The Law is a means to an end, which is Love, even in the Old Testament presentation.

    We can't be perfect, because we aren't God. But we can be loving children of God.
     
  6. 1213

    1213 Disciple of Jesus

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    I think he showed the true meaning of the Law. Law is not about judgment, it is about how to live well and not cause harm to others.
     
  7. com7fy8

    com7fy8 Well-Known Member Supporter

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    When Jesus gave His Sermon on the Mount > He could have started off by saying whatsoever He pleased. And He started with how to be.

    How we are in our character is first. And the how to be things in this Sermon are a match with how Jesus is, I would say >

    poor in spirit

    meek

    pure in heart

    merciful

    So, He did not start with saying blessed are those who keep the Law.

    And being perfect has to do with how to love.
     
  8. FireDragon76

    FireDragon76 En cuanto lo hicisteis a uno de estos mis hermanos Supporter

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    If we go by what Don Cupitt or other biblical scholars have said, it's more like the former: Jesus doesn't see externalization of morality as sufficient to actually live a moral life- morality comes from within, from our own embodied experience of the world, from knowing ourselves and our own limitations. Jesus uses parables because he is trying to show morality comes from a sense of our humanity- not from a transcendent God. In some ways, this is similar to Nietzsche.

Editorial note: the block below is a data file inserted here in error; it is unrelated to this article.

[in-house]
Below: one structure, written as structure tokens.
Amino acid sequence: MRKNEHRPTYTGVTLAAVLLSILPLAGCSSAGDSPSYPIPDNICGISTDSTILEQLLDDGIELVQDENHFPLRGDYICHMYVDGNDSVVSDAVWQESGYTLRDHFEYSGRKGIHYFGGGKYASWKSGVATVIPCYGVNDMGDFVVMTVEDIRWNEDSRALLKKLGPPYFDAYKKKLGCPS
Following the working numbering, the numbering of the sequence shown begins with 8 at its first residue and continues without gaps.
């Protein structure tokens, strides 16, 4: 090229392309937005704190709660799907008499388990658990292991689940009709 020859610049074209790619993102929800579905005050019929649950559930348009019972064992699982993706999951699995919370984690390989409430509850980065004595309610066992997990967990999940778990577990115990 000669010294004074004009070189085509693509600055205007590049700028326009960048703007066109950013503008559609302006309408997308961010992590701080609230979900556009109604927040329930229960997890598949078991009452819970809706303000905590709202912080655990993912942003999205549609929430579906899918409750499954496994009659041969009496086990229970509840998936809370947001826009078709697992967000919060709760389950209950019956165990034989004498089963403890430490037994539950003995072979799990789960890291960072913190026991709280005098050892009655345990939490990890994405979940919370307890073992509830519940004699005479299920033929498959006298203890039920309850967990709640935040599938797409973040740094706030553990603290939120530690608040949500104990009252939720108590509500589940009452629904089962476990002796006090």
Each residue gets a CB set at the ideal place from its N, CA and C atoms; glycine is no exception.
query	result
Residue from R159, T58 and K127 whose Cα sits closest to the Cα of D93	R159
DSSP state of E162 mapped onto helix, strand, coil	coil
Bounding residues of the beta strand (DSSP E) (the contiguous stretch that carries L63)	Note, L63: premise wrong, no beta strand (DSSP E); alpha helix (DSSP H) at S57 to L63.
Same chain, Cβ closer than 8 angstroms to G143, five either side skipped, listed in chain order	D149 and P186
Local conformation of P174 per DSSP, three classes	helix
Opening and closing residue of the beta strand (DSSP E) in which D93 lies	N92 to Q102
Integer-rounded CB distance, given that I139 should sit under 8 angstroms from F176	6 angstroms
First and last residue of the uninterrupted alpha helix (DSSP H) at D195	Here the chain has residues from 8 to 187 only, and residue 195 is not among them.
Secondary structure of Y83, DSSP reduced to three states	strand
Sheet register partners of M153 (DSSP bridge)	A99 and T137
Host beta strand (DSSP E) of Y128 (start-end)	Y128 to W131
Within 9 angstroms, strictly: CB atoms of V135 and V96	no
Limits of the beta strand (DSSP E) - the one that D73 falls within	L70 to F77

Jesus never actually teaches this in the earliest Gospels. His actual teaching is that those who show love and compassion towards their neighbor, even if it's someone that isn't like them or even their enemies, are declared righteous before God. For Jesus, character counts: a bad tree does not produce good fruit. Jesus is looking for disciples, not mindless devotees.
     
    Last edited: Jun 26, 2019
  9. Guojing

    Guojing Member

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    John 5 is an example of my point

    39 Search the scriptures; for in them ye think ye have eternal life: and they are they which testify of me.

    40 And ye will not come to me, that ye might have life.